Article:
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The Million Little Pieces Scandal

abstract:When the public is told a lie in the case of journalism, (Stephen Glass, former Associate Editor at The New Republic) it erodes our sense of trust in the media. When politicians lie, it can bring down a government; Watergate and now the Adscam for Canada's Liberal Government led by Prime Minister Paul Martin. But let's consider the implications of that little prefix, "non," as in fiction, as in A Million Little Pieces.


January 12, 2006
— First let me digress with another example of art imitating life. Do you remember when the Coen Brothers' movie, Fargo came out in 1996? We all read the lines on screen at the beginning of the movie that said, "This is a true story." I watched the whole movie, like everyone else, on the edge of my seat, transfixed by what I believed to be a true story about real people.

A few months after the film's initial release it was disclosed that Fargo was in fact pure fiction—brilliant fiction, brilliant plot, brilliant acting, directing and all the rest. Frances McDormid (wife of Joel Coen) received an Academy Award for Best Actress, and Ethan and Joel earned Best Original Screenplay. But I couldn't help feeling like I'd been manipulated into watching 98 minutes of a gut-wrenchingly violent movie under false pretenses.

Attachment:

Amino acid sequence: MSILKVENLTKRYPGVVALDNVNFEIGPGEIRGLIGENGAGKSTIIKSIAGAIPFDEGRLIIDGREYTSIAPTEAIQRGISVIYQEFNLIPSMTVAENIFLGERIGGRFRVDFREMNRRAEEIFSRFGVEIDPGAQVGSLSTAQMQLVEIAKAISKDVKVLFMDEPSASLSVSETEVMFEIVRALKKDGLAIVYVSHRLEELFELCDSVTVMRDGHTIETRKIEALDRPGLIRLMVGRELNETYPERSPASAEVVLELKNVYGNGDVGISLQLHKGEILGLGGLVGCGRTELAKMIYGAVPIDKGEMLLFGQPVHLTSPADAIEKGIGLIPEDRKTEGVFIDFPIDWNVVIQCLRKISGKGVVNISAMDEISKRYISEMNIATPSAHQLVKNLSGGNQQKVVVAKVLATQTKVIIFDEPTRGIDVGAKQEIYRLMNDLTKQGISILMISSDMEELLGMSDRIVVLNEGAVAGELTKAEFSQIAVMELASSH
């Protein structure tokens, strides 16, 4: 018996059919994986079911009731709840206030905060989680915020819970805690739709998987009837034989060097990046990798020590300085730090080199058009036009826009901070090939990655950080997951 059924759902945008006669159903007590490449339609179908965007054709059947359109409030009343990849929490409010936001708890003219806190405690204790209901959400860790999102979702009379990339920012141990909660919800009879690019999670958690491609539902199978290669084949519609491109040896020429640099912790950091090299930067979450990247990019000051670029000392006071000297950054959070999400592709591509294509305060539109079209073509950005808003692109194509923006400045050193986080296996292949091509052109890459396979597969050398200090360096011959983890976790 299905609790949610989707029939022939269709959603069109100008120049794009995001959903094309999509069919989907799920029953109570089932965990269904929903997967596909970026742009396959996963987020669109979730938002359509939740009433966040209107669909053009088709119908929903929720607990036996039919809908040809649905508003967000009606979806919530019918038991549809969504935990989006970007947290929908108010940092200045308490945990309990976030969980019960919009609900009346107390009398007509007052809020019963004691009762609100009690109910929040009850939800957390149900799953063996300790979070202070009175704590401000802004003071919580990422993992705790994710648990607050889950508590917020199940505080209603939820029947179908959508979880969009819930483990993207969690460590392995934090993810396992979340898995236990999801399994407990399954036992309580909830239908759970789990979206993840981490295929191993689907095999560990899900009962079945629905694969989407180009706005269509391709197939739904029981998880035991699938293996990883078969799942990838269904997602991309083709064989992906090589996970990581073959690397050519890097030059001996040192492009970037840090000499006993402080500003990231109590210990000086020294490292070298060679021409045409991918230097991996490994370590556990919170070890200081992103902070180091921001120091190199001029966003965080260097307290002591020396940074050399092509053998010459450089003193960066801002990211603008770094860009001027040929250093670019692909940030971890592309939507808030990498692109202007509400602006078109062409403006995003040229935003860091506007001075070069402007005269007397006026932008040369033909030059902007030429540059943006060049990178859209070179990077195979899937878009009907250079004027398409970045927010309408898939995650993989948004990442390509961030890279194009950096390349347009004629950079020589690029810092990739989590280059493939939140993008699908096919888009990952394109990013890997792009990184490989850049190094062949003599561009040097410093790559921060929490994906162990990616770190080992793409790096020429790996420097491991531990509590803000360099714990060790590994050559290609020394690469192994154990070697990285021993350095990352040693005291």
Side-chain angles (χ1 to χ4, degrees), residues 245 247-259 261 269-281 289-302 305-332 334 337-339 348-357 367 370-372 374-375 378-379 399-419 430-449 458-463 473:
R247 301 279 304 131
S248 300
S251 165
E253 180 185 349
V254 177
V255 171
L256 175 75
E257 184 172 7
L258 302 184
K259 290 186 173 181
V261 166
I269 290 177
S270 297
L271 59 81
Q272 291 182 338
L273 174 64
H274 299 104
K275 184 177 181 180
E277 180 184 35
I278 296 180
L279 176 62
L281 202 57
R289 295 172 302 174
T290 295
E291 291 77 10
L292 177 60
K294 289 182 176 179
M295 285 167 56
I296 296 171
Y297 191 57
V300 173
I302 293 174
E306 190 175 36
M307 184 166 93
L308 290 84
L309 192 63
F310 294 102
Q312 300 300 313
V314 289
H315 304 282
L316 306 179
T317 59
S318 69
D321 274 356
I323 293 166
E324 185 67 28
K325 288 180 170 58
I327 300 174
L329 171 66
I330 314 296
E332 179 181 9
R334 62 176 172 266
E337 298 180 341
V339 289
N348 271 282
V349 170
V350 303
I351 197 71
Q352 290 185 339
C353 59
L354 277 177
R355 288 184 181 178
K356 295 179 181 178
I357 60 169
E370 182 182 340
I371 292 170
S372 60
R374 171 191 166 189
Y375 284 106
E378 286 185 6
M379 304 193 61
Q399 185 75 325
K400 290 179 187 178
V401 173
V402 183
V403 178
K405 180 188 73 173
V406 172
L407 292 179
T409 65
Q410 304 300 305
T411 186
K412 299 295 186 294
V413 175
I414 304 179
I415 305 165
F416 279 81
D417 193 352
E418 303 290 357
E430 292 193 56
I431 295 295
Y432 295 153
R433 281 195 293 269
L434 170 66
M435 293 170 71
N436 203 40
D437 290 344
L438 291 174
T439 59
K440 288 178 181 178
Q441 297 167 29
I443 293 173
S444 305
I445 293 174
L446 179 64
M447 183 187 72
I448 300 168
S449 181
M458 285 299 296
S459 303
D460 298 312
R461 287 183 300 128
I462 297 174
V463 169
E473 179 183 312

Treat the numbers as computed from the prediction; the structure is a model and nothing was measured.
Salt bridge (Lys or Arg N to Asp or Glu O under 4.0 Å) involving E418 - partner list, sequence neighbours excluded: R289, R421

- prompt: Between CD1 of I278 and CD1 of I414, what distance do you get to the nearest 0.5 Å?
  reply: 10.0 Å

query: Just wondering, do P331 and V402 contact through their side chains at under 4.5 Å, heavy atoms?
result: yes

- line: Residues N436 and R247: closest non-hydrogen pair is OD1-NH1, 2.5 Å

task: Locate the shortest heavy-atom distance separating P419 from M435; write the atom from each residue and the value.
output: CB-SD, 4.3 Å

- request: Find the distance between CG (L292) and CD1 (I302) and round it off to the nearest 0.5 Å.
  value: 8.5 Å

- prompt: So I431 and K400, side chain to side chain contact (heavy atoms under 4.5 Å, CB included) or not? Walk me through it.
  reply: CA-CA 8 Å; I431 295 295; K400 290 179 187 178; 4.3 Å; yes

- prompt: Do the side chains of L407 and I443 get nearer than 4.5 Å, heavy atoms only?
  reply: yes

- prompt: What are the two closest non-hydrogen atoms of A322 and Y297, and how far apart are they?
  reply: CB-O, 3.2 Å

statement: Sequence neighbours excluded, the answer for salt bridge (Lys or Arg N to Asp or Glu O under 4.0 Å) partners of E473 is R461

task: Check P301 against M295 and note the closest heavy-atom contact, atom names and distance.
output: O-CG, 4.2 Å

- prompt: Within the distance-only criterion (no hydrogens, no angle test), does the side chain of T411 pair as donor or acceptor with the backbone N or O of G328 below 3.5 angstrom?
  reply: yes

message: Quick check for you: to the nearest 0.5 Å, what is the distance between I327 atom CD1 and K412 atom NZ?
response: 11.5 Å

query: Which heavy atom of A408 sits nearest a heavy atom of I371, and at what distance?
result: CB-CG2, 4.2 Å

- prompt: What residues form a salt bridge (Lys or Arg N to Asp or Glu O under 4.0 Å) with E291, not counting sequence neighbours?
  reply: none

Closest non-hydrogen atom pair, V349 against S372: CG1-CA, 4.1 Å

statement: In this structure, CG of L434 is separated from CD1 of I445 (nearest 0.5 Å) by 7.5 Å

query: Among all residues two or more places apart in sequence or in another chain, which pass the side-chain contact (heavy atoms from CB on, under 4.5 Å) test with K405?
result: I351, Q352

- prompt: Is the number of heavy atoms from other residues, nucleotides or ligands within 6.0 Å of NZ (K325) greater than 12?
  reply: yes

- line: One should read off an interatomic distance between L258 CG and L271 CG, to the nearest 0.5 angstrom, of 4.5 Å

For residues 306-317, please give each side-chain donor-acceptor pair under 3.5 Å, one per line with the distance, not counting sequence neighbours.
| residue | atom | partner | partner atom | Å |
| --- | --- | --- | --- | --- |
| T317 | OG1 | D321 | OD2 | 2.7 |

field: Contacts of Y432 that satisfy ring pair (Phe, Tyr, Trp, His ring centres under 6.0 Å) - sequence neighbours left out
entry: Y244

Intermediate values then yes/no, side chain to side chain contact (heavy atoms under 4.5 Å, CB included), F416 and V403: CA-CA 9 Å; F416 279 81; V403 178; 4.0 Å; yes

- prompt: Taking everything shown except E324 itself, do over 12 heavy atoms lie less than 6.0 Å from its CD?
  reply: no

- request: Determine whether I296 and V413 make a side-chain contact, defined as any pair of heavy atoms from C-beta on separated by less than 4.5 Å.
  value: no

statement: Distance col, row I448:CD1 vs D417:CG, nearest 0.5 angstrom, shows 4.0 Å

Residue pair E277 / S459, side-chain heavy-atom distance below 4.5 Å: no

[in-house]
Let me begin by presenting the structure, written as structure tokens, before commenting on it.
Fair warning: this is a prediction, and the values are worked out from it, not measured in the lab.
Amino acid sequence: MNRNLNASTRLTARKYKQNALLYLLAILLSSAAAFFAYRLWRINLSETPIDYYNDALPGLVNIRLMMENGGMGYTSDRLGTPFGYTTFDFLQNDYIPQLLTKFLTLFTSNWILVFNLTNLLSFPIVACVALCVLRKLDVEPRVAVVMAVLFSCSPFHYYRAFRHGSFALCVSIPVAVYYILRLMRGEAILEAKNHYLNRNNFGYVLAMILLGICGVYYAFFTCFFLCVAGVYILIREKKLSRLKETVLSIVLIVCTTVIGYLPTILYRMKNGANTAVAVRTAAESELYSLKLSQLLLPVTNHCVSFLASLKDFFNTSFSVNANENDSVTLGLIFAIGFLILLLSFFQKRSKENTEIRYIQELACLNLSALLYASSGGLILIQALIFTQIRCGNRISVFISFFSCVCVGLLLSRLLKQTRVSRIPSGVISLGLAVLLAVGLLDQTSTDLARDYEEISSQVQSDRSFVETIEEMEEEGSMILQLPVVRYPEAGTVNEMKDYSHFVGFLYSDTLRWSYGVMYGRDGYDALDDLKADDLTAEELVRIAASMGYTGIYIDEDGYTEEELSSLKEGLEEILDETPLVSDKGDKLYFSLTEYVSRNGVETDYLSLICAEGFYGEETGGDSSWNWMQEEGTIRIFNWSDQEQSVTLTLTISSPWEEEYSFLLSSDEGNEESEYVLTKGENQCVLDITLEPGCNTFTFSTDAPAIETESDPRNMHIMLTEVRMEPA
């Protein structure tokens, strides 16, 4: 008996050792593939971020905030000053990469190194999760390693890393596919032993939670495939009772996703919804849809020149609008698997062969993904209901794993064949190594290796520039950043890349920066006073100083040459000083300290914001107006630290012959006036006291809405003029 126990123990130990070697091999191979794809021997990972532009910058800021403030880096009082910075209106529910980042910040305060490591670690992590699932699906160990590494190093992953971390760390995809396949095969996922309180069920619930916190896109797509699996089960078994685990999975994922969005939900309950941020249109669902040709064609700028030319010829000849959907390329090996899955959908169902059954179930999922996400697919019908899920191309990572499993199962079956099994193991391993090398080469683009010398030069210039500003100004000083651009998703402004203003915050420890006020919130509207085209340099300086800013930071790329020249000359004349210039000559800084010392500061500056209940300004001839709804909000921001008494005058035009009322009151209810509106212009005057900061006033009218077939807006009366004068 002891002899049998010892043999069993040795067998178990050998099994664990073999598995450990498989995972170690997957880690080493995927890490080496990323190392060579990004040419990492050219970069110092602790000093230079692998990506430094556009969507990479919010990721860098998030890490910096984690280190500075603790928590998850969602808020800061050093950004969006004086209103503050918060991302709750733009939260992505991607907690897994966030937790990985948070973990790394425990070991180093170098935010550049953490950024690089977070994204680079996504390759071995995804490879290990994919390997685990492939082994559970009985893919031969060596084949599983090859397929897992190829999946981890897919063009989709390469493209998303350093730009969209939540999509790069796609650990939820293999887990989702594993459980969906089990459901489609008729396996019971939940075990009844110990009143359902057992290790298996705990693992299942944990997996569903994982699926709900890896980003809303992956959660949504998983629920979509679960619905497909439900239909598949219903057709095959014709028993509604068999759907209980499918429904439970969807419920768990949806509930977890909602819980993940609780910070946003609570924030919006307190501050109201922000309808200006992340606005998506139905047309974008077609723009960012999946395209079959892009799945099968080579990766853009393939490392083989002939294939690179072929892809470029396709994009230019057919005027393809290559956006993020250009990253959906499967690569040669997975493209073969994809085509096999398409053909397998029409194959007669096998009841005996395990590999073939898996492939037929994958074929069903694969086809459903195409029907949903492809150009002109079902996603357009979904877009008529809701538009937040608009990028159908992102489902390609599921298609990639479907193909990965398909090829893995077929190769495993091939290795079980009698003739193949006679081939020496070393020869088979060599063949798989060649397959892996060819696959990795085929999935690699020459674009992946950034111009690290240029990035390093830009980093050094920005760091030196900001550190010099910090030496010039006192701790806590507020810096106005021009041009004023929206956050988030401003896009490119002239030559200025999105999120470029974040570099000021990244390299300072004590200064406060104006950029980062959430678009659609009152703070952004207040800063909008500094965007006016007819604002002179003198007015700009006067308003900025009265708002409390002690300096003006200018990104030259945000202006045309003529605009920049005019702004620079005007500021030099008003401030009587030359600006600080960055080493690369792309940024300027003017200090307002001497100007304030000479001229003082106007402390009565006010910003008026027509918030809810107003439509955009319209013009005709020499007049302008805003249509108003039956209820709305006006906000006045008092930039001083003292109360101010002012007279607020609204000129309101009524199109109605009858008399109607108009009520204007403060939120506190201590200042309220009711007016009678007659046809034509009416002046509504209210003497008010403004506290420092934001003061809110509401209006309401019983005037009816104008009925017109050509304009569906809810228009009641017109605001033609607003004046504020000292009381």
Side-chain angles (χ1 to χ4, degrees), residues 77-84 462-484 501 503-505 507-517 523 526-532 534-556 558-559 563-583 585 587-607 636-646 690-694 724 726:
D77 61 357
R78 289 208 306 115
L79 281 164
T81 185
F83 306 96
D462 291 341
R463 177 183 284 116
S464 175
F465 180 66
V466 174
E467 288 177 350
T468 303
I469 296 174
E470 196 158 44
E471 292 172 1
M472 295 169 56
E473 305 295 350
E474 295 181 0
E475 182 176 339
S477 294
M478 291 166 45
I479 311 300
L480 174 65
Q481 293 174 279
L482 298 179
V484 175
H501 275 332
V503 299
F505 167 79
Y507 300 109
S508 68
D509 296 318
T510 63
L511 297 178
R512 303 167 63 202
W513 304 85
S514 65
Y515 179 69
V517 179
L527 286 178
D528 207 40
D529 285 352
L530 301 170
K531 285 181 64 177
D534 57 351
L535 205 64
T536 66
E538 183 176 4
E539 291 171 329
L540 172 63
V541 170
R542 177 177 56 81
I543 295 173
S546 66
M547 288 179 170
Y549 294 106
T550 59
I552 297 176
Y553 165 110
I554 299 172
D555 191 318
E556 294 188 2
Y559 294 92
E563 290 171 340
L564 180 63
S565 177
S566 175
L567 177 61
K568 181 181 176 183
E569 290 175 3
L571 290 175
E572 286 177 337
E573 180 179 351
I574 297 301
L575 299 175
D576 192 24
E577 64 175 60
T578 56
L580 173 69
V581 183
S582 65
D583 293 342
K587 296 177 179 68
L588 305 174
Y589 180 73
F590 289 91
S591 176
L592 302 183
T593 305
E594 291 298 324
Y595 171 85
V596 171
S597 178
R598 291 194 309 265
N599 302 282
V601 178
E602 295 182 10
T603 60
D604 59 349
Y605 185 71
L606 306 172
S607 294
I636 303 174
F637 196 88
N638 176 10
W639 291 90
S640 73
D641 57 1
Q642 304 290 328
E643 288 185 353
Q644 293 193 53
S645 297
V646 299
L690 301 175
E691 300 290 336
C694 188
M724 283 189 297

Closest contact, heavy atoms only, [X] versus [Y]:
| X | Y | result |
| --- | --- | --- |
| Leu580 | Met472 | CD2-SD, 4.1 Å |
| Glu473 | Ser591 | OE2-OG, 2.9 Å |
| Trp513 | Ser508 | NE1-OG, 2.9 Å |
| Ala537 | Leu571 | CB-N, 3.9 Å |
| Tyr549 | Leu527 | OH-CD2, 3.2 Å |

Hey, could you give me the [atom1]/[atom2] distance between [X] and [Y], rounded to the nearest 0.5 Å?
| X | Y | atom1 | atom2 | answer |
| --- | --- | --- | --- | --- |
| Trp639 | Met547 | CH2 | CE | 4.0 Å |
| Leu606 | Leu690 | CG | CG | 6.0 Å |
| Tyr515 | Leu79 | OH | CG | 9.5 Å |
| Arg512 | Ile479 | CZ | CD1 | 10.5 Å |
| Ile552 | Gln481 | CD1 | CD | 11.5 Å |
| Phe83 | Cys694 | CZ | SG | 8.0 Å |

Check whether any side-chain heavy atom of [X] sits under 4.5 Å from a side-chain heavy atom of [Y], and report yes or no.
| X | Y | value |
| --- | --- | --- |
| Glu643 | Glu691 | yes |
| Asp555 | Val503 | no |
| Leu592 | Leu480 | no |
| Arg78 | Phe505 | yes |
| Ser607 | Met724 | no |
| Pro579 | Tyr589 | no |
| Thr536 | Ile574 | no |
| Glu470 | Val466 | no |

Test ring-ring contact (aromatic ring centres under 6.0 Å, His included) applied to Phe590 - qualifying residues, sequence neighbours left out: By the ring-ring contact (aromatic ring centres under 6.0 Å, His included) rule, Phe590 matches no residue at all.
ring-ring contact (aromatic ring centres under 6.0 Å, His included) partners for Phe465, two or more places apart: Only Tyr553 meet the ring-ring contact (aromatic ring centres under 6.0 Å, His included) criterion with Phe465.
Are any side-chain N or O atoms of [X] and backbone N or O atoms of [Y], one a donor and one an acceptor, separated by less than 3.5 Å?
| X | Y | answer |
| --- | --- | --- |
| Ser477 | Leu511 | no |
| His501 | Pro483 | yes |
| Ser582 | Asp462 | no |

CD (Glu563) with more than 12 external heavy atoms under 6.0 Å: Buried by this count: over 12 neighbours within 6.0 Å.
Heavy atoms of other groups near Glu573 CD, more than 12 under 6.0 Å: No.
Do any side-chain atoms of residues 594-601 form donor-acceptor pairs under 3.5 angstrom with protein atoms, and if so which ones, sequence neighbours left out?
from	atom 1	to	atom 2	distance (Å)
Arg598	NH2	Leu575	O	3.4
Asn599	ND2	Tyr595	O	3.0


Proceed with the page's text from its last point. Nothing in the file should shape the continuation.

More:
That doesn't compare to the fact that a Japanese school girl died of hypothermia trying to find the fictional $1Million burried in the North Dakota snow drifts. To this day, people believe that set of murders occurred in Fargo.

Now when I ponder the whole marketing scheme, which is what that really amounted to, I think it was another twisted stroke of creative genius, but it's still weird.

So Why All The Brouhaha?

When James Frey's memoir was selected by Oprah three months ago it jumped to #1 on the NYT bestseller list and sold 3.5 million copies—you read it, what did you think of Fey's ability to channel addiction into feverish, frenetic prose?

When "The Smoking Gun" website disclosed that Fey, "wholey fabricated or widely embellished" details of his purported criminal career, jail terms, and status as "an outlaw in three states," it became apparent that Oprah was duped in front of millions on prime time —gooing and gushing over his ordeals and his ability to take his readers to that place.

The coronation of "A Million Little Pieces" came in September, when Winfrey told a Chicago studio audience (which included Frey's mother Lynne) that she had chosen a book that she "couldn't put down...a gut-wrenching memoir that is raw and it's so real..." She would later say that, "After turning the last page...You want to meet the man who lived to tell this tale."

But who here is doing the manipulating and dishonesty? It was Fey's editor, Sean McDonald at DoubleDay, who sent book gallies out to reviewers touting Fey's "fearless candor" with the publicity manager hailing the book's "unprecidented honesty," and before that it was respected Nan Talese who accepted the manuscript offering an advance for $50,000. But when she tried to sell the book as a fiction, it was turned down and sent it back for retooling to presumably remove all the fake stuff and re-market it as memoir.

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